Ferdinand Victor Eugène Delacroix

Self-portrait • 1837
One of the last old Masters of painting,
French Romantic

Eugène Delacroix

was born on 26 April 1798,
at Charenton-Saint-Maurice
in Île-de-France.

He was regarded as the leader of the French Romantic school.
His use of expressive brushstrokes and his study of the optical effects of colour influenced the work of the Impressionists, while his passion for the exotic inspired the artists of the Symbolist movement. A fine lithographer, Delacroix illustrated various works of William Shakespeare, Walter Scott and Johann Wolfgang von Goethe.

In the words of Baudelaire:

“Delacroix was passionately in love with passion, but coldly determined to express passion as clearly as possible.”

Together with Ingres [his chief rival], Delacroix is considered one of the last old Masters of painting, and one of the few who was ever photographed.
His legacy: 9140 works, including 853 paintings, 1525 pastels and water colours, 6629 drawings, 109 lithographs, and over 60 sketch books.

“The more an object is polished or brilliant, the less you see its own color and the more it becomes a mirror reflecting the color of its surroundings.”

Medea about to Kill Her Children, 1838

“I can paint you the skin of Venus with mud, provided you let me surround it as I will.”

Mademoiselle Rose, 1817–1824

“A picture is nothing but a bridge between the soul of the artist and that of the spectator.”

Horse Frightened by a Storm, watercolour, 1824

“One always has to spoil a picture a little bit in order to finish it.”

Flowers, 1850

“I go to work as others rush to see their mistresses, and when I leave, I take back with me to my solitude, or in the midst of the distractions that I pursue, a charming memory that does not in the least resemble the troubled pleasure of lovers.”

Massacre at Chios, 1824

“The artist who aims at perfection in everything achieves it in nothing.

The sea from the heights of Dieppe

“In abandoning the vagueness of the sketch the artist shows more of his personality by revealing the range but also the limitations of his talent.”

The Death of Sardanapalus, 1827

“The source of genius is imagination alone, the refinement of the senses that sees what others do not see, or sees them differently.

The Edge Of A Wood At Nohant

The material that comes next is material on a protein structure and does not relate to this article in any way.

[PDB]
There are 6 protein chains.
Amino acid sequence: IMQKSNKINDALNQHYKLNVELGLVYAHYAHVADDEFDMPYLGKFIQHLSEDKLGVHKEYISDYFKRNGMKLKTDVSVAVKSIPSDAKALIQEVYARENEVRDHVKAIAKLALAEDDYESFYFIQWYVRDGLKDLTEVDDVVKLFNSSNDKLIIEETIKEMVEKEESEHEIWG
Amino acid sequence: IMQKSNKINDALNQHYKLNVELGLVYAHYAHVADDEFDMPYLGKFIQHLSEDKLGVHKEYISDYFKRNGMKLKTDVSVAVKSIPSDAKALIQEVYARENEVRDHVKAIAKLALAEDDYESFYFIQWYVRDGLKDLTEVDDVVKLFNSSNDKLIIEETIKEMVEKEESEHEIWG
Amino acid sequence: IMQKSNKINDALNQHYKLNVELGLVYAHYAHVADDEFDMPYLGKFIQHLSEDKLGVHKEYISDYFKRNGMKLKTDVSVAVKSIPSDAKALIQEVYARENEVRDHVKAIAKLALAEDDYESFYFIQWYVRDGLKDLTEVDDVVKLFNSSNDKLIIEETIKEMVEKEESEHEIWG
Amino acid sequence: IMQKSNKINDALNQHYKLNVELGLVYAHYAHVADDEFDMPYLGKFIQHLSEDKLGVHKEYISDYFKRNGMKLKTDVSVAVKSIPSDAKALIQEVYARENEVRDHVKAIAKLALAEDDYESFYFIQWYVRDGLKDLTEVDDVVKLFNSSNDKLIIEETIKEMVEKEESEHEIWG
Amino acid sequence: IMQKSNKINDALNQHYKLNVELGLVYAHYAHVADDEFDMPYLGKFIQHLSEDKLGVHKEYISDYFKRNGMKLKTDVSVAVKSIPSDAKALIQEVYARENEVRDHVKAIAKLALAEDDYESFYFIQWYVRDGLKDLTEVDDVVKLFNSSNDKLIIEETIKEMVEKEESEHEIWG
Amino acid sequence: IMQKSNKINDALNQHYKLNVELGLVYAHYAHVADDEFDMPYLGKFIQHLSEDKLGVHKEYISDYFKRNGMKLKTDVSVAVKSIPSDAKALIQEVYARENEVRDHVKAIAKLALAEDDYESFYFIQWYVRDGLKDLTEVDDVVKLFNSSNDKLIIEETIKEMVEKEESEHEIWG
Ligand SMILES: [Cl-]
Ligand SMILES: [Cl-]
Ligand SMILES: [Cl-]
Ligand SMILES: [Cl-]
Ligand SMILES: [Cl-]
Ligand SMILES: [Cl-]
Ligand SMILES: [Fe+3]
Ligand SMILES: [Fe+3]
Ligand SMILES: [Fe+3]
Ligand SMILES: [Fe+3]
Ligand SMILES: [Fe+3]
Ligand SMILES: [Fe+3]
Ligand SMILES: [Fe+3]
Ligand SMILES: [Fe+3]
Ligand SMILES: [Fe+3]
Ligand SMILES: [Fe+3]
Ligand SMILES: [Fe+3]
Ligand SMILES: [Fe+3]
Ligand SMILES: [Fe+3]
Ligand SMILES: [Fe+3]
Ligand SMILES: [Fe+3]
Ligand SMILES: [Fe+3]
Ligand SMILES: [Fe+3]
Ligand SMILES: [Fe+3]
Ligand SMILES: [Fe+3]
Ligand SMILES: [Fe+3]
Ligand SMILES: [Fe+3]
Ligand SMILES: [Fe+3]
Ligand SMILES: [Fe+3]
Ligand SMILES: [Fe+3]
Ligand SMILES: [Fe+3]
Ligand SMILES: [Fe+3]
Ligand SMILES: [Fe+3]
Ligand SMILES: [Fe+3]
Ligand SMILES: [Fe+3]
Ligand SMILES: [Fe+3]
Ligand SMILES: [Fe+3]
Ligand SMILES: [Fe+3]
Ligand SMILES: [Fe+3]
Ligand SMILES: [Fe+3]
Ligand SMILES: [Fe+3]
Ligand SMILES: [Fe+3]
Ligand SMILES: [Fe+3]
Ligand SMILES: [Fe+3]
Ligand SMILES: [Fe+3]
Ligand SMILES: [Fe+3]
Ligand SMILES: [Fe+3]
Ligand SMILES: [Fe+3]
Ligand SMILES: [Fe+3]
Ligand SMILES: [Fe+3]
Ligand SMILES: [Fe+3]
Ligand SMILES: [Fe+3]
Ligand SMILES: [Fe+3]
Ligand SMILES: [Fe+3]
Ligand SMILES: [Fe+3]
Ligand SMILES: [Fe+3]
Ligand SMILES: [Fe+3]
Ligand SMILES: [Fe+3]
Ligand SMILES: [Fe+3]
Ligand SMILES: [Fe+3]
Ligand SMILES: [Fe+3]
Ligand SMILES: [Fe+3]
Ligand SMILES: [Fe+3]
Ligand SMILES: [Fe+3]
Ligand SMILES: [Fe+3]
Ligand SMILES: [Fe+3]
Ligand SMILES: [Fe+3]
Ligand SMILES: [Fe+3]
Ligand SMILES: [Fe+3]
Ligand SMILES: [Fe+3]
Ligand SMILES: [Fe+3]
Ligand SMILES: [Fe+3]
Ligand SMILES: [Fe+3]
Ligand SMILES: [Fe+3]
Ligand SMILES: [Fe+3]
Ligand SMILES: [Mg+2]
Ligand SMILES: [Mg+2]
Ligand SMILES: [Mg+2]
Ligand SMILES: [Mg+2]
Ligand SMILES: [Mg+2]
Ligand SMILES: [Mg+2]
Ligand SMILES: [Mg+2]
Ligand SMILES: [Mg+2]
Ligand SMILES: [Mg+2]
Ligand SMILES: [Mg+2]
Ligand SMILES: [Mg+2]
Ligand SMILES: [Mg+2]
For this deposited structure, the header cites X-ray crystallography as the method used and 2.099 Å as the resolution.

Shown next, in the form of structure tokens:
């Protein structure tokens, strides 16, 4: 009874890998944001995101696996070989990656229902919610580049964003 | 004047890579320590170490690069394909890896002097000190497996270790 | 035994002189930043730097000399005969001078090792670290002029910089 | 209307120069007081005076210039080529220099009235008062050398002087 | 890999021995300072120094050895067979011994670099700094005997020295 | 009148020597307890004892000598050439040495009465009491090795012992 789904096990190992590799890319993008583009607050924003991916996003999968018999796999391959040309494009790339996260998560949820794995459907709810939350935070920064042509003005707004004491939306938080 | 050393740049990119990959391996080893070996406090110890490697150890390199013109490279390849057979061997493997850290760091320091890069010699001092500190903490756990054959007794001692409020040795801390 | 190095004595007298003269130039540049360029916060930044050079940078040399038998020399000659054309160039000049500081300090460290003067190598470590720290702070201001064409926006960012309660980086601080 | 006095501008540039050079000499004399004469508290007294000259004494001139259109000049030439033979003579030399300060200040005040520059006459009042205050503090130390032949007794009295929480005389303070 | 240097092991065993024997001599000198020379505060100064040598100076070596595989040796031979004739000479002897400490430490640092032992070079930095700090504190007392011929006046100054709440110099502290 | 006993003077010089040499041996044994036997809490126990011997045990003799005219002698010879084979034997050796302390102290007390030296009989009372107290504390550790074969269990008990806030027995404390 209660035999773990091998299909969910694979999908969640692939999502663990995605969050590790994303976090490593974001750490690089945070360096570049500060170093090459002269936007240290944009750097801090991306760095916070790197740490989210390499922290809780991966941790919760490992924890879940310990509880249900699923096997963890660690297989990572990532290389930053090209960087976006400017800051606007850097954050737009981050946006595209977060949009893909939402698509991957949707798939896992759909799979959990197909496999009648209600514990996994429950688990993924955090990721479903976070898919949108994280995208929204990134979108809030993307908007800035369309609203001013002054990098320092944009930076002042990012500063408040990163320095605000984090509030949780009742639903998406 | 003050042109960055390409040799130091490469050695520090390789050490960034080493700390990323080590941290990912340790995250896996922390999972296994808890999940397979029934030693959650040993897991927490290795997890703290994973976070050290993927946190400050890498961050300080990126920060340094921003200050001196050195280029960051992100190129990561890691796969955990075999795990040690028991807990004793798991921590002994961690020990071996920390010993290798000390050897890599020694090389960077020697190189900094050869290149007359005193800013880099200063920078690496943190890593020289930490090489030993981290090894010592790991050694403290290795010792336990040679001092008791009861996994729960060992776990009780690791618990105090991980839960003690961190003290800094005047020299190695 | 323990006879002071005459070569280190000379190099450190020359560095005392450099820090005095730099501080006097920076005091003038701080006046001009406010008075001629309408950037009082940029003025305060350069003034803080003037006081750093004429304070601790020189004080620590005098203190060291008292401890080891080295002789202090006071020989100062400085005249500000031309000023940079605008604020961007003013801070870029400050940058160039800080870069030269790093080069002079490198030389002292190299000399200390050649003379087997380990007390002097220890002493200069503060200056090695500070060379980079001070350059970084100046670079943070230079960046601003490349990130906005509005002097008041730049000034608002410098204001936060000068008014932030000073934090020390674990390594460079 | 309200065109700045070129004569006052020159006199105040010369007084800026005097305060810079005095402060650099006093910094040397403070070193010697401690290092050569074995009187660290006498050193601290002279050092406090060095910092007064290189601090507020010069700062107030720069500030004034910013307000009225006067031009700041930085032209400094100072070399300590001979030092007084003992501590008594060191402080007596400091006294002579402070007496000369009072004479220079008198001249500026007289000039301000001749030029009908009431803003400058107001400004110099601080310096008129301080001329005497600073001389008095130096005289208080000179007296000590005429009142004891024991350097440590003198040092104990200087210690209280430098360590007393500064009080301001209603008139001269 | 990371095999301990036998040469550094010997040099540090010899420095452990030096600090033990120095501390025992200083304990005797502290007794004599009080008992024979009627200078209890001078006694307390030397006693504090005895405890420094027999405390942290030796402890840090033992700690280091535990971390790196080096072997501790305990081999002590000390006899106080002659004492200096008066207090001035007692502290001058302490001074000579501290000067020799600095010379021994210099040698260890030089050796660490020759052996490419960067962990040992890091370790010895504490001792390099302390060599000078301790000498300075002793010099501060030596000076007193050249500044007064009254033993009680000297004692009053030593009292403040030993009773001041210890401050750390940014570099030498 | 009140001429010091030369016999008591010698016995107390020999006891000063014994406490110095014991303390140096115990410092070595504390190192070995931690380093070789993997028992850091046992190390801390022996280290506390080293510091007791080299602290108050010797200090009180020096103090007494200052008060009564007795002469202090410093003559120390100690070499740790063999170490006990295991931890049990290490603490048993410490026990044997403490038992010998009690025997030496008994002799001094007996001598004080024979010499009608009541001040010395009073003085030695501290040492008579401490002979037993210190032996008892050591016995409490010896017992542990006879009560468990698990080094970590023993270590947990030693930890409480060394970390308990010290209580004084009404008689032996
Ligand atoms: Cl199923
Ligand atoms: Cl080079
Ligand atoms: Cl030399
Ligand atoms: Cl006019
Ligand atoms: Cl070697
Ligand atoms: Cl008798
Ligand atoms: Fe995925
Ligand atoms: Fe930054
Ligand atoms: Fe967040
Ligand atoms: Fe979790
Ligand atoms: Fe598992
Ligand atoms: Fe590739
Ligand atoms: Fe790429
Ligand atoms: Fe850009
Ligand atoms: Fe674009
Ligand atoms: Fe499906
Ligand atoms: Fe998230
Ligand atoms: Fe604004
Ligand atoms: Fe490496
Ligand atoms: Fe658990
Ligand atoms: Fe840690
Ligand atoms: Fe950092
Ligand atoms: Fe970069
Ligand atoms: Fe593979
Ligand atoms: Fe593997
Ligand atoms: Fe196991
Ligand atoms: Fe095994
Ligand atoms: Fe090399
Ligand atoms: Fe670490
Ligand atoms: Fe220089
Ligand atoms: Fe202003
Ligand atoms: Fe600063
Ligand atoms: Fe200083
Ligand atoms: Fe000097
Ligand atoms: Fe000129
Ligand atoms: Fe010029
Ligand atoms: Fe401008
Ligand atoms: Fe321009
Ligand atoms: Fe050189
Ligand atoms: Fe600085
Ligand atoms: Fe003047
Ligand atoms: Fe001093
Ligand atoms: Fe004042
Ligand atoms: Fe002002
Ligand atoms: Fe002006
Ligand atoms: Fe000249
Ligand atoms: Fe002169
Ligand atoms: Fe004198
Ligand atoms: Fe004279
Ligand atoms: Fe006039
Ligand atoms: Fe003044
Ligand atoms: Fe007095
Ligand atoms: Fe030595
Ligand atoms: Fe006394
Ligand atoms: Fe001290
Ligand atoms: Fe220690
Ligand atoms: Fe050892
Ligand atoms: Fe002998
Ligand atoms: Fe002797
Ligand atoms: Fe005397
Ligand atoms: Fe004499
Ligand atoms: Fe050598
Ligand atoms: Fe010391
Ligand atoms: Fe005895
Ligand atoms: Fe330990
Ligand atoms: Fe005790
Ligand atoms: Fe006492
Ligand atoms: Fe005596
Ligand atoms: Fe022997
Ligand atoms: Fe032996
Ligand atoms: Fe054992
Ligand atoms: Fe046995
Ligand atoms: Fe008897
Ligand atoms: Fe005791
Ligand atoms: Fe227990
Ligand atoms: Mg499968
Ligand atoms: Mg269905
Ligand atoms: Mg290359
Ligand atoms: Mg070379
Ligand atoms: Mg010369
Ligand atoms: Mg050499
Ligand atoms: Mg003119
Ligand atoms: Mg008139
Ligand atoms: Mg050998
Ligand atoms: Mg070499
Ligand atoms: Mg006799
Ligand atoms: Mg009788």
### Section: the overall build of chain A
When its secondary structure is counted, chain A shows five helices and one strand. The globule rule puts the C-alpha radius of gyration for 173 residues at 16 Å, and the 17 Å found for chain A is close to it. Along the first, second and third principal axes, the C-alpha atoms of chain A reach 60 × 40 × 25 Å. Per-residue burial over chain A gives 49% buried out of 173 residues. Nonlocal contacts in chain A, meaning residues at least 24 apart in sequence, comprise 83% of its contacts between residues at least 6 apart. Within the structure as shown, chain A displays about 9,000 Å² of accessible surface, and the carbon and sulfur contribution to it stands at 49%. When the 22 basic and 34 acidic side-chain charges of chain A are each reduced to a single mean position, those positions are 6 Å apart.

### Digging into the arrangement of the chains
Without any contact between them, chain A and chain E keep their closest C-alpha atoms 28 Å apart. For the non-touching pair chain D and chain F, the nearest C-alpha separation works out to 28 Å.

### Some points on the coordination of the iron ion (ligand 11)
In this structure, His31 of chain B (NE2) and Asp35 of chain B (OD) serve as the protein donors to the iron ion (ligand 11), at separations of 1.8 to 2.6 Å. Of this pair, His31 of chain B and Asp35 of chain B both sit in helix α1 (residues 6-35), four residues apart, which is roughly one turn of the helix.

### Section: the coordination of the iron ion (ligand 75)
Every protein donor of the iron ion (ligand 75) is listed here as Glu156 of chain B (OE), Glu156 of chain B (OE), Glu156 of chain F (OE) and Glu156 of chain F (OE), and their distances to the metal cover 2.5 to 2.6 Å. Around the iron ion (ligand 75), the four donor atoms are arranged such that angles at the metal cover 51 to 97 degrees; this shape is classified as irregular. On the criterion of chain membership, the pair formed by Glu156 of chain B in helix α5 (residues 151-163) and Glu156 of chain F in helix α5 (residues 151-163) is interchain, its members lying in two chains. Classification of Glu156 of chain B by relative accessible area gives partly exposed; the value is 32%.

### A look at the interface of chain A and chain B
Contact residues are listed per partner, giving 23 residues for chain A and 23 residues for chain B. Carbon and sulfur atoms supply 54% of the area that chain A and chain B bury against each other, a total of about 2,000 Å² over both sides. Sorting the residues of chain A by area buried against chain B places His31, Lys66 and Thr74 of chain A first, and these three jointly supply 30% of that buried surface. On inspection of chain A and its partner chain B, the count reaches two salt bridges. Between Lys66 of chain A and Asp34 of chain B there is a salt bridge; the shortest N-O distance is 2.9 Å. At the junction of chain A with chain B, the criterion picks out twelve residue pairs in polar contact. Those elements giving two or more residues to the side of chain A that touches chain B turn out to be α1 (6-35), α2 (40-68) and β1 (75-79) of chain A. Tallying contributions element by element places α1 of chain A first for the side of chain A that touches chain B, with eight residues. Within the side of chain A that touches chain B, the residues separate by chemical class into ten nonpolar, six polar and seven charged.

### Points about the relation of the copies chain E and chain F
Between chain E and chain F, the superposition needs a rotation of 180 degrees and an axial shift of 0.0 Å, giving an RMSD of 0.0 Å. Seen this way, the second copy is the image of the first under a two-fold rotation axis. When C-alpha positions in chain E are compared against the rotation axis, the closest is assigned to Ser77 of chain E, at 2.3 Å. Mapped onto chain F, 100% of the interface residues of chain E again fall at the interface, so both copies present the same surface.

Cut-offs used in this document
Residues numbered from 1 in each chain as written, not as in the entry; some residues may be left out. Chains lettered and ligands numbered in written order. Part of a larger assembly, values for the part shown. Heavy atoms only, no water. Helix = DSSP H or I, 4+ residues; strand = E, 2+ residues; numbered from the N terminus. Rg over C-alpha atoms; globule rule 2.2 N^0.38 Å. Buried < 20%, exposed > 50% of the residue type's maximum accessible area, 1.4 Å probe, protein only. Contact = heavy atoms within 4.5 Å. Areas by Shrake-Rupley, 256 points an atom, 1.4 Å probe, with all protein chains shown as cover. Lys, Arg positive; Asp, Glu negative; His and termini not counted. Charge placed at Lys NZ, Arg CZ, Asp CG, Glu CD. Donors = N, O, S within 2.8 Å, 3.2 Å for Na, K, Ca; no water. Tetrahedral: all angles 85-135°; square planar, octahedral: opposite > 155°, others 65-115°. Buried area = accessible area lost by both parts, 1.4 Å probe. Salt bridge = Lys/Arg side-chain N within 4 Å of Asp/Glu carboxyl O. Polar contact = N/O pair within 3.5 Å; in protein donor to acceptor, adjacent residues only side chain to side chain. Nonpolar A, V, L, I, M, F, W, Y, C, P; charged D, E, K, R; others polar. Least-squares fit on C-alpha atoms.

“What moves men of genius, or rather what inspires their work, is not new ideas, but their obsession with the idea that what has already been said is still not enough.”

Study for a portrait of Madame Guizot

“One always begins by imitating.”

Shipwreck on the Coast, 1862

“All painting worth its name, unless one is talking about black and white, must include the idea of color as one of its necessary supports, in the same way that it includes chiaroscuro, proportion, and perspective.

George Sand, 1838

“Cold exactitude is not art… The so-called consciousness of the majority of painters is only perfection applied to the art of boring. People like that, if they could, would work with the same minute attention on the back of their canvas.

Basket of Flowers 1848-49

“Remember the enemy of all painting is gray: a painting will almost always appear grayer than it is, on account of its oblique position under the light.”


“One must learn to be grateful for one’s own findings.”

Cliffs near Dieppe, 1855

“Those things which are most real are the illusions I create in my paintings.

Desdemona Cursed by her Father, c.1850–1854

“In abandoning the vagueness of the sketch the artist shows more of his personality by revealing the range but also the limitations of his talent.”

Woman with a Parrot, 1827

“Not only can color, which is under fixed laws, be taught like music, but it is easier to learn than drawing, whose elaborate principles cannot be taught.”

Heliodorus Vanquished from the Temple (detail), completed 1861, mural in the Chapel of the Holy Angels, Church of Saint-Sulpice
Heliodorus Vanquished from the Temple (detail)

“Nature is a dictionary; one draws words from it.”

Landscape at Les Petites-Dalles

A taste for simplicity cannot endure for long.

Le 28 juillet – la liberté guidant le peuple, 1830

“Do all the work you can; that is the whole philosophy of the good way of life.”

Studies of Flayed Leg and Arm Muscles

“A fine suggestion, a sketch with great feeling, can be as expressive as the most finished product.”

Page from Delacroix sketchbook

Delacroix photo

“Nothing can be compared with the emotion caused by music; that it expresses incomparable shades of feeling.”

Chopin portrait by Delacroix

Piano Concerto No2 Op. 21 in F minor

Frédéric Chopin

Piano: Arthur Rubinstein
London Symphony Orchestra conducted by André Previn


Nocturne no. 8 op. 27 no. 2

Frédéric Chopin

Piano: Maurizio Pollini

For more information on Delacroix:





Be Safe 🏡

45 replies »

  1. Thanks Marina. This is an exciting and varied view of some of his work, alongside some of his thought-provoking quotes on technique and inspiration.
    Best – Ford

  2. Thank you, Marina! That was amazing art, music and all!
    So much art has been created, music too, all arts. Thank goodness. Without art, what are we?
    Okay, off to visit the new post.

    • Oh… you’re so right… without art…
      And to think that we keep rediscovering art we already know!
      So happy you enjoyed my Delacroix journey!

  3. I am always delighted in discovering new art I have not seen before Marina… And loved the sketches included here…
    Stay Blessed my friend… Huge hugs your way ❤

  4. Wow! I’m loving this “art series” (for want of a better term). I had never heard of Delacroix and love his style. Great quotes, too. And that Chopin Nocturne No. 8… delish! Perfect for a Sunday

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